((photo by Joaquin de la Puente))
((photo by Joaquin de la Puente))
At the end of the '90s, I got excited when I realized that young girls no longer needed to hang out with creepy record-collector guys in order to find out about cool music. Information was out there for everyone to access equally via the Internet. Knowledge about obscure records could no longer be hoarded and used as power. Previously out-of-print gems in the punk-girl canon — such as Dolly Mixture's Demonstration Tapes, The Raincoats' first record and the Teenage Jesus and the Jerks discography — had all been reissued on CD. Maybe we could stop flirting for mix tapes and just go to the record store without having to make nice to the know-it-all guy behind the counter who didn't treat us with respect.
Dolly Mixture "Step Close Now"
I asked a younger friend of mine if he thought the Internet had eliminated the hierarchy of "cool," and he said, "Instead of hanging out with annoying record-collector guys, kids today just read that guy's blog, but the same guys still get to decide what's considered cool." I think he's right regarding hipster culture, where there does seem to be a handful of male-dominated music sites that exert a disproportionate influence over what's trendy. But women have thrived in the past 10 years, and our history is being documented and preserved like never before.
Mo-Dettes "White Mice"
Today, previously hard-to-find records by '60s soul queens Irma Thomas, Marva Whitney and Betty Davis are readily available. People know who Betty Harris, Meredith Monk, Karen Dalton and Patty Waters are, and if they don't, they can easily find out once they hear a name. Listservs such as Typical Girls offer a place to share information about out-of-print recordings by esoteric post-punk groups like Y Pants, Bush Tetras, Fatal Microbes, The Mo-Dettes and Snatch. A new generation of all-female bands such as Erase Errata, Mika Miko, Wet Dog and Finally Punk were informed by this history. "Feminal" all-female punk groups The Raincoats and The Slits reunited, and still play to responsive crowds who know all the words to their old songs; original members of both groups are actively pursuing solo careers. ESG, Pylon and Young Marble Giants are groups everyone has heard of, if not heard. Yoko Ono has a new record out at 76!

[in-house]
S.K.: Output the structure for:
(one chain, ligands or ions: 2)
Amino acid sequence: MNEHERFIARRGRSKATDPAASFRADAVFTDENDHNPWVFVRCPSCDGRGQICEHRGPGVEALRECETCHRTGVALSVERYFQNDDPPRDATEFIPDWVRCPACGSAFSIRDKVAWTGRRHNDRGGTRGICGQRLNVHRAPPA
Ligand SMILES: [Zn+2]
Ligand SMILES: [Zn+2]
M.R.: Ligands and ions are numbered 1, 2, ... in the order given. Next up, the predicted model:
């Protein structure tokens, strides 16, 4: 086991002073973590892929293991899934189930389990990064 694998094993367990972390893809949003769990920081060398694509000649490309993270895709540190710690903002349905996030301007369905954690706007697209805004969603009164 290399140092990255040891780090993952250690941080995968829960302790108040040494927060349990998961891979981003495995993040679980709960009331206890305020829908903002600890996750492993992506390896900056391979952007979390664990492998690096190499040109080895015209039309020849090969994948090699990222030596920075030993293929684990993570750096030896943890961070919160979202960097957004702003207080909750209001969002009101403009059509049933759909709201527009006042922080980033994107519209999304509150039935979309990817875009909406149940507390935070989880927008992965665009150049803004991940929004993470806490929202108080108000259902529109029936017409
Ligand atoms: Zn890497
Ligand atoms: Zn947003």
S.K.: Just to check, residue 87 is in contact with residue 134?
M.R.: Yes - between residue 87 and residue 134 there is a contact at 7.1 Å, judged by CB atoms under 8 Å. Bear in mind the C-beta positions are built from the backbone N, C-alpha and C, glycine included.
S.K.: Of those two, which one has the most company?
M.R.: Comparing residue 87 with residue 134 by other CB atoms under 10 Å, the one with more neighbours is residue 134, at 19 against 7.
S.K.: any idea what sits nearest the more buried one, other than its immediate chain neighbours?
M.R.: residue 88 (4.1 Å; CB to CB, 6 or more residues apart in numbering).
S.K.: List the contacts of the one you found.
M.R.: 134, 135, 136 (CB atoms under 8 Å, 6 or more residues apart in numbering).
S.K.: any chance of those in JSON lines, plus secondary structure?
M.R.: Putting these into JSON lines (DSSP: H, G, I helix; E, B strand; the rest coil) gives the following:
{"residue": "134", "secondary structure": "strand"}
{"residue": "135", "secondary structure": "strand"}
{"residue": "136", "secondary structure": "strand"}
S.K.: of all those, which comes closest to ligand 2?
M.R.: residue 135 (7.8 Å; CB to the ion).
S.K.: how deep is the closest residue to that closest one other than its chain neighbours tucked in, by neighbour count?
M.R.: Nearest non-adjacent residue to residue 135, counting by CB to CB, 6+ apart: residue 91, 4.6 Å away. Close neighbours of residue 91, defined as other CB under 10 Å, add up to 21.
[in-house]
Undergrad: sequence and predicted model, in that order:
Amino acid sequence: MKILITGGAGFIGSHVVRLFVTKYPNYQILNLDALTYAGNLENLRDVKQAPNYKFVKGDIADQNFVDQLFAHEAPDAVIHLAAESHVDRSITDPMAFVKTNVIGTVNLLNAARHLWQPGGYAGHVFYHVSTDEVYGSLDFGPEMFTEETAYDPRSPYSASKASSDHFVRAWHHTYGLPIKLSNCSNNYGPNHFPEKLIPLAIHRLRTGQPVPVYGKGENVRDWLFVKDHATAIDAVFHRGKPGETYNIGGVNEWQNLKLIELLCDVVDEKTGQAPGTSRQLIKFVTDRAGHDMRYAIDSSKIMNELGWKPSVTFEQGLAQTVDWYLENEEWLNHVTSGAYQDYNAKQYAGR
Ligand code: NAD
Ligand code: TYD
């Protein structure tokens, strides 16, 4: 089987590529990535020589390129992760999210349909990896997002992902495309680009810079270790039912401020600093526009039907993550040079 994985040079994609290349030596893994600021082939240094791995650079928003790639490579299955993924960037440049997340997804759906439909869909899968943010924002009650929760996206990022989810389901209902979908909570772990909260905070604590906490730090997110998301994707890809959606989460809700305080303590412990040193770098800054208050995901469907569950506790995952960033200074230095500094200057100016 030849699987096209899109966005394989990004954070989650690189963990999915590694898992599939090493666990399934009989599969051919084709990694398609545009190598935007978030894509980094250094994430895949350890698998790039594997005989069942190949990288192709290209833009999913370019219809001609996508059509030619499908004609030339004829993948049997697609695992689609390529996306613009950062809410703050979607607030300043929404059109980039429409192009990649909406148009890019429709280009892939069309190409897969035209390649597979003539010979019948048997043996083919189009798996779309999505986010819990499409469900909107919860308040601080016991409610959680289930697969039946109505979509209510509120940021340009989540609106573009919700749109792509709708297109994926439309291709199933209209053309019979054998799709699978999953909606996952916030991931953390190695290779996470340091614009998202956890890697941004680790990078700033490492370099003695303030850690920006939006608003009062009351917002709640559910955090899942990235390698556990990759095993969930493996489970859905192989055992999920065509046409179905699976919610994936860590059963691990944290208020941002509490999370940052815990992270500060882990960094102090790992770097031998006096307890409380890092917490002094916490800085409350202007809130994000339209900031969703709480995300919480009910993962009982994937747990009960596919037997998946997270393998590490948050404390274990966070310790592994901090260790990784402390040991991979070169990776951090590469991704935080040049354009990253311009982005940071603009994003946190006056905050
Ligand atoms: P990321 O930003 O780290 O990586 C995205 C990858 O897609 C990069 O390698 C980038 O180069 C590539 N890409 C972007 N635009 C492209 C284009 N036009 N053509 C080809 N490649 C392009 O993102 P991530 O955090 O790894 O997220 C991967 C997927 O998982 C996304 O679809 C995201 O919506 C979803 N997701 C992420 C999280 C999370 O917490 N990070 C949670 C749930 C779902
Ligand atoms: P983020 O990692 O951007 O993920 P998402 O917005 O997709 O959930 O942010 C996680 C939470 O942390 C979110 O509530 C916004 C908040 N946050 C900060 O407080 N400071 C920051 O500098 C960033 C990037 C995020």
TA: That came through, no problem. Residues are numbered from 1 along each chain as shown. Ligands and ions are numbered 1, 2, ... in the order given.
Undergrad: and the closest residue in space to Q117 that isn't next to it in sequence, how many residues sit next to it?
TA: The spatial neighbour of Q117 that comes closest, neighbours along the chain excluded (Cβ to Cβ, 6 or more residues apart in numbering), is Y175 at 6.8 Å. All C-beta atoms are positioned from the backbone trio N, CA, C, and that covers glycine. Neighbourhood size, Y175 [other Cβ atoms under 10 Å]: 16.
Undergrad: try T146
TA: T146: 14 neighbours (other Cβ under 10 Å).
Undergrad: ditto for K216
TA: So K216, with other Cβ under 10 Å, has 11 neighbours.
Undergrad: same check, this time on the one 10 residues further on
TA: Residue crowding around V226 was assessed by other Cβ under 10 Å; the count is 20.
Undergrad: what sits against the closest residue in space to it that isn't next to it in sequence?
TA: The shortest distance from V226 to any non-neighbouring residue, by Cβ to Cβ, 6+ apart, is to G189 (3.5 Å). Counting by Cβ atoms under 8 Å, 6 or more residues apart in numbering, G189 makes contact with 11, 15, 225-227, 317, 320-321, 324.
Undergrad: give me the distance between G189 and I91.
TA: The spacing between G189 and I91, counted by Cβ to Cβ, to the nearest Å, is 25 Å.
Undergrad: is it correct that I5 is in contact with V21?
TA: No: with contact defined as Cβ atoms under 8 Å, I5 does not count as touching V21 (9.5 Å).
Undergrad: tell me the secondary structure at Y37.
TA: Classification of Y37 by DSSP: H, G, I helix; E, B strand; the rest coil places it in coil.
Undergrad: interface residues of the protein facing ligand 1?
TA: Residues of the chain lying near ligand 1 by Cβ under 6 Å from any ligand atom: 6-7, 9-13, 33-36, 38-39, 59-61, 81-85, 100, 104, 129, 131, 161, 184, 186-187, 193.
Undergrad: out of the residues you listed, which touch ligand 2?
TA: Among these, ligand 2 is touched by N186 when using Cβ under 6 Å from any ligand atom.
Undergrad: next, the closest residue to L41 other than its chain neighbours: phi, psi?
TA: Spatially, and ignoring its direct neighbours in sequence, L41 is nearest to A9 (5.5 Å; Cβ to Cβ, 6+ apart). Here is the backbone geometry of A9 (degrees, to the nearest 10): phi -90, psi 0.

Bush Tetras "Too Many Creeps"
Erase Errata "Marathon"
Mika Miko "Wild Bore"
From Missy Elliott's sex-positive "Get Ur Freak On" to M.I.A.'s post-colonial feminist take on "Third World democracy" in Paper Planes, there have been some amazing moments for strong, independent women in pop and R&B. Beyonce modernized the woman-power of '70s soul divas like Chaka Khan and Labelle and took it to the next level by touring with an all-female backing band. Ciara's "Like a Boy" addressed gender politics directly, asking, "Would the same rules still apply" if tables were turned. Solange's ferocious "F—- the Industry (Signed Sincerely)" was one of the punkest songs of the decade. "No Drama" by Mary J. Blige became the anthem of countless women and girls who are sick of all the catty games and abuse. Alicia Keys sang the blues beautifully in "Fallin'," gave a shoutout to working moms in "Superwoman" and demanded respect in "A Woman's Worth." Lily Allen, Amy Winehouse and Estelle played with personae and femininity and exuded charisma in the Madonna style. Rye Rye, Yo Majesty and Santogold had underground dance hits that got the ladies on the floor.
Yo Majesty "Club Action"
DJ Blaqstarr featuring Rye Rye "Shake It To The Ground"
At the end of the '90s, The Spice Girls watered-down version of "girl power" had me questioning whether there was a place for real independent women in mainstream pop culture, not to mention the effectiveness of the early-'90s riot-grrl movement in the face of this blatant co-option of our terminology. But by the end of this decade, not only have DIY feminists taken riot grrl to the next level with Ladyfest and Rock 'N' Roll Camp For Girls, but M.I.A. performed while nine months pregnant on the Grammys, challenging conventional notions of what it means to be a working mother and an artist in front of a mass audience on live TV. It's a great time to be a female musician and music fan. Let's hope the ladies keep ruling in the years to come. I think we will.